Though Ryan had already decided to distance himself from the floundering Romney campaign, he now feels totally uninhibited. Reportedly, he has been marching around his campaign bus, saying things like, “If Stench calls, take a message” and “Tell Stench I’m having finger sandwiches with Peggy Noonan and will text him later.”

Ryan was reportedly livid about the way Stench’s bungling handlers set him up for a big flunk with the AARP. Simon explains:

Even before the stench article appeared, there was a strong sign that Ryan was freeing himself from the grips of the Romney campaign. It began after his disastrous appearance on Friday before AARP in New Orleans. Ryan delivered his remarks in the style dictated by his Romney handlers: Stand behind the lectern, read the speech as written and don’t stray from the script.
Ryan brought his 78-year-old mother with him and introduced her to the audience, which is usually a sure crowd pleaser…But when Ryan began talking about repealing “Obamacare” because he said it would harm seniors, one woman in the crowd shouted, “Lie!” Another shouted “Liar!” and the crowd booed Ryan lustily.
Who boos a guy in front of his 78-year-old mother? Other 78-year-old mothers.

“That was the end of Ryan following the game plan,” Simon says. “Dan Senor, one of Romney’s closest advisers, has kept a tight grip on Ryan, traveling with him everywhere and making sure he hews to the directions of the Romney “brain trust” in Boston. (A brain trust, rumor has it, that refers to Ryan as ‘Gilligan.’)”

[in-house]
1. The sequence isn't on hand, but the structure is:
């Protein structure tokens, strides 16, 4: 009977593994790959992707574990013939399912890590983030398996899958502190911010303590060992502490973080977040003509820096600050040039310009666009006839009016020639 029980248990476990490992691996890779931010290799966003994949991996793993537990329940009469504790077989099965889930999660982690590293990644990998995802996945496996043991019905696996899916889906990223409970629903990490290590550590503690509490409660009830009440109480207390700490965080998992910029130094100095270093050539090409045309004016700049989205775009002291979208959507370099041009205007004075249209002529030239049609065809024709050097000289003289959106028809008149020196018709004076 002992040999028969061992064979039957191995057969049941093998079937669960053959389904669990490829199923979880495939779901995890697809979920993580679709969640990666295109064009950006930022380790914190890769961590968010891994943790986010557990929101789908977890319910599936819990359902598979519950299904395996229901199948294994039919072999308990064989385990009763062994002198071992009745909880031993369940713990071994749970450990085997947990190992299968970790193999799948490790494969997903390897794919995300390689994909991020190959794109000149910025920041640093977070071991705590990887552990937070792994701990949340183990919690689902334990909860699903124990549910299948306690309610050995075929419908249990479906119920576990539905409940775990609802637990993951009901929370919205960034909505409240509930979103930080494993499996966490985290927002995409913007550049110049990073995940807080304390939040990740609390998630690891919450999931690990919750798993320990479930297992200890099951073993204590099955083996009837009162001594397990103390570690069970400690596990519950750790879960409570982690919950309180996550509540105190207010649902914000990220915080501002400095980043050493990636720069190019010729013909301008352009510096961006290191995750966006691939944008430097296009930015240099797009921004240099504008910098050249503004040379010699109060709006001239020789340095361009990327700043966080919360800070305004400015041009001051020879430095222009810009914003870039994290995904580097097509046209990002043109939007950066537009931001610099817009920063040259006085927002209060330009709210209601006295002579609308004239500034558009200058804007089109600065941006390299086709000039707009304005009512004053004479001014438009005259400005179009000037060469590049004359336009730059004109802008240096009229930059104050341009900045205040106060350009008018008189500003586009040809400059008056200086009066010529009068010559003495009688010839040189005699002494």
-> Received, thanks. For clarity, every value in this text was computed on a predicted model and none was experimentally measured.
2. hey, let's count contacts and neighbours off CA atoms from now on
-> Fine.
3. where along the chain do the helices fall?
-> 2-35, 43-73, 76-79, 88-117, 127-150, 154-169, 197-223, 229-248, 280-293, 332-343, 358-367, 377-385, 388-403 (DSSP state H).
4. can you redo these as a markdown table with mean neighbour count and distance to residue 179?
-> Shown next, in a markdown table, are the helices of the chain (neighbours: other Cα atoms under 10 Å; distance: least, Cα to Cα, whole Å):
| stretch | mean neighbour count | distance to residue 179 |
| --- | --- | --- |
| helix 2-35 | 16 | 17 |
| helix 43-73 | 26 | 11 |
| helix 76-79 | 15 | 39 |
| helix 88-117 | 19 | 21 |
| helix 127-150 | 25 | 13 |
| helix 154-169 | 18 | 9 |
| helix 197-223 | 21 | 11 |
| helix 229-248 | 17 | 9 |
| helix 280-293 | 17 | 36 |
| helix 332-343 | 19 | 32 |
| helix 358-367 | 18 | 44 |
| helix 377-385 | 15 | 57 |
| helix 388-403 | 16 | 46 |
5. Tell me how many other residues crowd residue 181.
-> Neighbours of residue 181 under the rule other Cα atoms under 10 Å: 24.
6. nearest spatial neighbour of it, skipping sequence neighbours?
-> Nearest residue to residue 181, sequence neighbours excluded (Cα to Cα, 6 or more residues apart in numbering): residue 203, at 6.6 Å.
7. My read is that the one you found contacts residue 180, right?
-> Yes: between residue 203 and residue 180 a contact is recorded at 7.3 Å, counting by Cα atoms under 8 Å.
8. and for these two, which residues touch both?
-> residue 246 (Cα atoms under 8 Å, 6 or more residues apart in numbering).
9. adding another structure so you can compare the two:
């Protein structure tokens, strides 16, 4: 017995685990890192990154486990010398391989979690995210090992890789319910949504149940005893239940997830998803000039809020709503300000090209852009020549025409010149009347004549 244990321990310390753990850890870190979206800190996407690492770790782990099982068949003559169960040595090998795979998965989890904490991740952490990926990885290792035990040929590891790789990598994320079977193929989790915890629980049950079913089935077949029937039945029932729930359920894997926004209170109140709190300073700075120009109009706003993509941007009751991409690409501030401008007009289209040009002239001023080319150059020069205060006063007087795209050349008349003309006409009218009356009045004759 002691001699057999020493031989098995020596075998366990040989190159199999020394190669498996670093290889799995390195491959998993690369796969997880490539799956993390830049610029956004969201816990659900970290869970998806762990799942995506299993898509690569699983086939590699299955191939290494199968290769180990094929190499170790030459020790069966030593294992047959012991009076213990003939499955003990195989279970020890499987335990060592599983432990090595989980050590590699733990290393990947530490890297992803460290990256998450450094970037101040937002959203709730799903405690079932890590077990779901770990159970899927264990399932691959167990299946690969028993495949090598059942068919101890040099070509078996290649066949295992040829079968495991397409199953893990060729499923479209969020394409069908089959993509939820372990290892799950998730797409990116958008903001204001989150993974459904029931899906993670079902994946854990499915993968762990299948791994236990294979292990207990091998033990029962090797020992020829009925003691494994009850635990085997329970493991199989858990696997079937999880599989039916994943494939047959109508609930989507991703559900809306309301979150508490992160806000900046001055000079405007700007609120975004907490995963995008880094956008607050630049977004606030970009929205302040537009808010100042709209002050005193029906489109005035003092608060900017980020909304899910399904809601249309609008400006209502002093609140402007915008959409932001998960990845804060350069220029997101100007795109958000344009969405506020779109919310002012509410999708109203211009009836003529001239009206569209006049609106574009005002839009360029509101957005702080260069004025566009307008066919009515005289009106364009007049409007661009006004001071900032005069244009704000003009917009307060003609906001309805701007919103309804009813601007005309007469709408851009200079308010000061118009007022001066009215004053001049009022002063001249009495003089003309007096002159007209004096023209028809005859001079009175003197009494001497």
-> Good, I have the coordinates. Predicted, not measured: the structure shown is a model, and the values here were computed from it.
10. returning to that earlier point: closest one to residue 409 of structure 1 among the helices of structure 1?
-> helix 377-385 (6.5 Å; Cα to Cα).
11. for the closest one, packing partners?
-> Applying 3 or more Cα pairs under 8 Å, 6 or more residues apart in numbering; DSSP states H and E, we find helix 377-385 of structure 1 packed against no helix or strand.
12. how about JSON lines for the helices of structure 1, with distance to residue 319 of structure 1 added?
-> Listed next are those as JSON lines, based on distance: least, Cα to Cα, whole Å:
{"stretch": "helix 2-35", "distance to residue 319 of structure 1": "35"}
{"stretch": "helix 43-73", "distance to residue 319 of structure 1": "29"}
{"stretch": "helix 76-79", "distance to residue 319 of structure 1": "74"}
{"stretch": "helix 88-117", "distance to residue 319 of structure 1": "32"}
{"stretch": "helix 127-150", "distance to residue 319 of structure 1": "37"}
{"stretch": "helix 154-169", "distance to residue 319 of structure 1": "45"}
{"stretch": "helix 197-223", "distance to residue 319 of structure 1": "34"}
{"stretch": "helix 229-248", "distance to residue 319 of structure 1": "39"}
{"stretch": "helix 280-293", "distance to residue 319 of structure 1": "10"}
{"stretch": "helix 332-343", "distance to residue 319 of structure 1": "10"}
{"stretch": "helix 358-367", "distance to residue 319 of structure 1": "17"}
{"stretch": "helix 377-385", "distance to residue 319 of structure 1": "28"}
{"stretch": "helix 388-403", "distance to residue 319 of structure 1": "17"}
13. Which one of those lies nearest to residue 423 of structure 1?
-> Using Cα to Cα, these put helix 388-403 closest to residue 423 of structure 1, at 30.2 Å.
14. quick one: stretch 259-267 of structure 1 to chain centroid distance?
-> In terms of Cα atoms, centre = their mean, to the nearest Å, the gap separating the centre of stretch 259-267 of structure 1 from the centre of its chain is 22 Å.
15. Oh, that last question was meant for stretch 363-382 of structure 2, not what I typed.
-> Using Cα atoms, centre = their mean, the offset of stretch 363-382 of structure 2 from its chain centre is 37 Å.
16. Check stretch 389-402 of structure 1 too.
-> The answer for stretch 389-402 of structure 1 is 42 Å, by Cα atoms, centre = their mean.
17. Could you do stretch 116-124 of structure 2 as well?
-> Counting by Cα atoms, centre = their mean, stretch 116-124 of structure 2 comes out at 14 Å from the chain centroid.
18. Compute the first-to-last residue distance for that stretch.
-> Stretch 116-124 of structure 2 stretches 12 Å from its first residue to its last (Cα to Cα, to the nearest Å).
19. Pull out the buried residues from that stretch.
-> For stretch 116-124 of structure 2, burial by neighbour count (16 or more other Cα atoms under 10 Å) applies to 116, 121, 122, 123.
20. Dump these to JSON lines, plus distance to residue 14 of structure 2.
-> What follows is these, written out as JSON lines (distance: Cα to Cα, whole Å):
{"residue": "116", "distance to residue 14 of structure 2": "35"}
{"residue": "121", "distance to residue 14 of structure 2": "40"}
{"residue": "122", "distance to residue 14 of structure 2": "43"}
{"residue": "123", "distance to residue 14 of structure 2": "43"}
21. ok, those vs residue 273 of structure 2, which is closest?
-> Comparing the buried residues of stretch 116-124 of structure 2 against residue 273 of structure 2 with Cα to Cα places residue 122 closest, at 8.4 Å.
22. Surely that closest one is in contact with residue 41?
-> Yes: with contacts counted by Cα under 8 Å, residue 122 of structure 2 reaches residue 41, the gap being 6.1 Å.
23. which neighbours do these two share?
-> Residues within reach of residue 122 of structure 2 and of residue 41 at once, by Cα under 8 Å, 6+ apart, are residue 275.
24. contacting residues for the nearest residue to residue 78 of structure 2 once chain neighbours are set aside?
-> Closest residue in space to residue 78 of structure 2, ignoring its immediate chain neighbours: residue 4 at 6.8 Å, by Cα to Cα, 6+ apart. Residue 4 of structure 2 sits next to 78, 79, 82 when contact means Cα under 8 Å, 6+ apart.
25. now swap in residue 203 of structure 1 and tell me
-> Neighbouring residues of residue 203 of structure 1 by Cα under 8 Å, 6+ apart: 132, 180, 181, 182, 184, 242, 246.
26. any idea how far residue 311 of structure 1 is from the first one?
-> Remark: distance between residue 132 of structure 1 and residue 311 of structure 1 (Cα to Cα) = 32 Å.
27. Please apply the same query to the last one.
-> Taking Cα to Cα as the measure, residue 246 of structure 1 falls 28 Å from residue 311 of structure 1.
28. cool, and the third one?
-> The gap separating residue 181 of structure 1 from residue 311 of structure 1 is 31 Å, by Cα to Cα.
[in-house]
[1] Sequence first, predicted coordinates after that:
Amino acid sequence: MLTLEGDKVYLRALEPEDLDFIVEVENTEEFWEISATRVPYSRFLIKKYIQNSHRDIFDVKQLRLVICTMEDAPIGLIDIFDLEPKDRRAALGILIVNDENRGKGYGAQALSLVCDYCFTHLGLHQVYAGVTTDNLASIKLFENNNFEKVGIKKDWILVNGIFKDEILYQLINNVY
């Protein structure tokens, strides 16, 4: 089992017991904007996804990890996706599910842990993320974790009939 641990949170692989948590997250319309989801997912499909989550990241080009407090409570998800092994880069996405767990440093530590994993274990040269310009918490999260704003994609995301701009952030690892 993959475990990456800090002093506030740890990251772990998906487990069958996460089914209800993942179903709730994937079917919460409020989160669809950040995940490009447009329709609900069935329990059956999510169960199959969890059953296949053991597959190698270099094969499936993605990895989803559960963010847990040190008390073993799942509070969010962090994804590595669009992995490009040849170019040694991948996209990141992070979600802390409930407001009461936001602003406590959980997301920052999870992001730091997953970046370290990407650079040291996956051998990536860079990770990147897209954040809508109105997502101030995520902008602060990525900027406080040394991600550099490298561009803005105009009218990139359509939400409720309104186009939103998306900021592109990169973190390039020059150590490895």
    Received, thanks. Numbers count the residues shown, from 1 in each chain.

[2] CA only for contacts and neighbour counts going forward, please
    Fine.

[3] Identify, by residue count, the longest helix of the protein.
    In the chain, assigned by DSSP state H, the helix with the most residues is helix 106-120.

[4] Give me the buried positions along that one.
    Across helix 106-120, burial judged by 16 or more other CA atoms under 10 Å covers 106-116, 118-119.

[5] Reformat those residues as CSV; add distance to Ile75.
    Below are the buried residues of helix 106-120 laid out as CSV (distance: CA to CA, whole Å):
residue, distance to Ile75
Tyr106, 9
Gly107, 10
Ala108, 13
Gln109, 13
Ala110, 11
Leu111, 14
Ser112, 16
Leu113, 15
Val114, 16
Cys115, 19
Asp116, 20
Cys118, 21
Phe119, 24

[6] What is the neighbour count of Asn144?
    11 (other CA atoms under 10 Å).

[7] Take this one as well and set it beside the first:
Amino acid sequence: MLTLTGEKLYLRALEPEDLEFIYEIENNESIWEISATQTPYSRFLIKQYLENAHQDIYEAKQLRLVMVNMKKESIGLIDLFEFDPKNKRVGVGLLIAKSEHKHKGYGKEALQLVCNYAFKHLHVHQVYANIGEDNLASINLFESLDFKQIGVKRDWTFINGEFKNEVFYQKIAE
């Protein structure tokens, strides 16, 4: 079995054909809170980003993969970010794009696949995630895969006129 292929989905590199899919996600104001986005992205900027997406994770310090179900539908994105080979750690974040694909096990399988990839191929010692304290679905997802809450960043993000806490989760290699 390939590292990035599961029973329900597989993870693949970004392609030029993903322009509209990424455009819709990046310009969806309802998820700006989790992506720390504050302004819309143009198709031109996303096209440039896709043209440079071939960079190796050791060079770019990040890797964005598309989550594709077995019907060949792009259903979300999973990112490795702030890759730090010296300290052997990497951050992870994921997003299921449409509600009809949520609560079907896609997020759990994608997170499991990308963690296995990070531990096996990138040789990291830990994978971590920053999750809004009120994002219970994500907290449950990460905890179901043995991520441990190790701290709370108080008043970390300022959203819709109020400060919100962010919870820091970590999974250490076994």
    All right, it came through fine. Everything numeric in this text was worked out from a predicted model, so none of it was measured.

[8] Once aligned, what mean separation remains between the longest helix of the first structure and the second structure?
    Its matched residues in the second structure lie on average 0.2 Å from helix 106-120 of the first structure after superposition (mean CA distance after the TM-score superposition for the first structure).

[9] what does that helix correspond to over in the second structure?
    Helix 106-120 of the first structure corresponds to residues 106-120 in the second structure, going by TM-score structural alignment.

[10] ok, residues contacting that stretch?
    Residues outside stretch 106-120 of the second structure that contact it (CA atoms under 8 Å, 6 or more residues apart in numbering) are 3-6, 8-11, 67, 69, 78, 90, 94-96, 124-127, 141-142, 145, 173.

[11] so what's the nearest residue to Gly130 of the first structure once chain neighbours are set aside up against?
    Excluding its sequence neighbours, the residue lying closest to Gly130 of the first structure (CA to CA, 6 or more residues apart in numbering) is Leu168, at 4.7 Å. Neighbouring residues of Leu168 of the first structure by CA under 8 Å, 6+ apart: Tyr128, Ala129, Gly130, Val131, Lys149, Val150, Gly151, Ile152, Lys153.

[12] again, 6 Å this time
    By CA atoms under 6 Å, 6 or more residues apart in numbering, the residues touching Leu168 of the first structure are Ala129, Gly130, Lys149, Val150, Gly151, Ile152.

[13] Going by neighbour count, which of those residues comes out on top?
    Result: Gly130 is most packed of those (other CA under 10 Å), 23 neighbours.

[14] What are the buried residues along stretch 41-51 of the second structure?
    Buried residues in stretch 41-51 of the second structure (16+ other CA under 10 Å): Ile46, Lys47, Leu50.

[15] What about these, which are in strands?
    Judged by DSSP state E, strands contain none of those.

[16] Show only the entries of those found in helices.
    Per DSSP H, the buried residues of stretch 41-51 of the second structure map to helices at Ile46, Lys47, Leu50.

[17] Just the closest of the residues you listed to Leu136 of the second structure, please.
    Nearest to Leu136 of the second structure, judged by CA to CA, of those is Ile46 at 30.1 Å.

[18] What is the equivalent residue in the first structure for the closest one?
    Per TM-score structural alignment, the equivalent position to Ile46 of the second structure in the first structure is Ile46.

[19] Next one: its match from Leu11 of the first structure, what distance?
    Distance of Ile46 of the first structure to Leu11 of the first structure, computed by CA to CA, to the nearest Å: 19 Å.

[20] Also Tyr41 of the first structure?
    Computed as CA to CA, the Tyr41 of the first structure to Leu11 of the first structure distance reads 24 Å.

Simon then follows with a hilarious account of Ryan’s efforts to break free from the handlers by showing an Orlando town hall meeting a power point presentation with graphs on debt and federal spending etc., actually prefacing his presentation with “I’m kind of a PowerPoint guy, so I hope you’ll bear with me.”
“A word about PowerPoint,” adds Simon. “PowerPoint was released by Microsoft in 1990 as a way to euthanize cattle using a method less cruel than hitting them over the head with iron mallets.”
Simon reports that “The Romney campaign was furious” about Ryan’s going rogue and Ryan reportedly said, “Let Ryan be Ryan and let the Stench be the Stench.” Simon concludes “Ryan Fever. Catch it!”
Don’t be shocked if Ryan denies the Stench thing — it’s hard to see how he could tough it out otherwise. And there will probably be armpit photo-ops and other unconvincing shows of unity in the weeks ahead.
But it’s clear that these ticket-mates don’t dig each other all that much. What we get out of it is a snapshot of a sinking ship, with the captain blithering away on deck as Gilligan swims furiously for the island.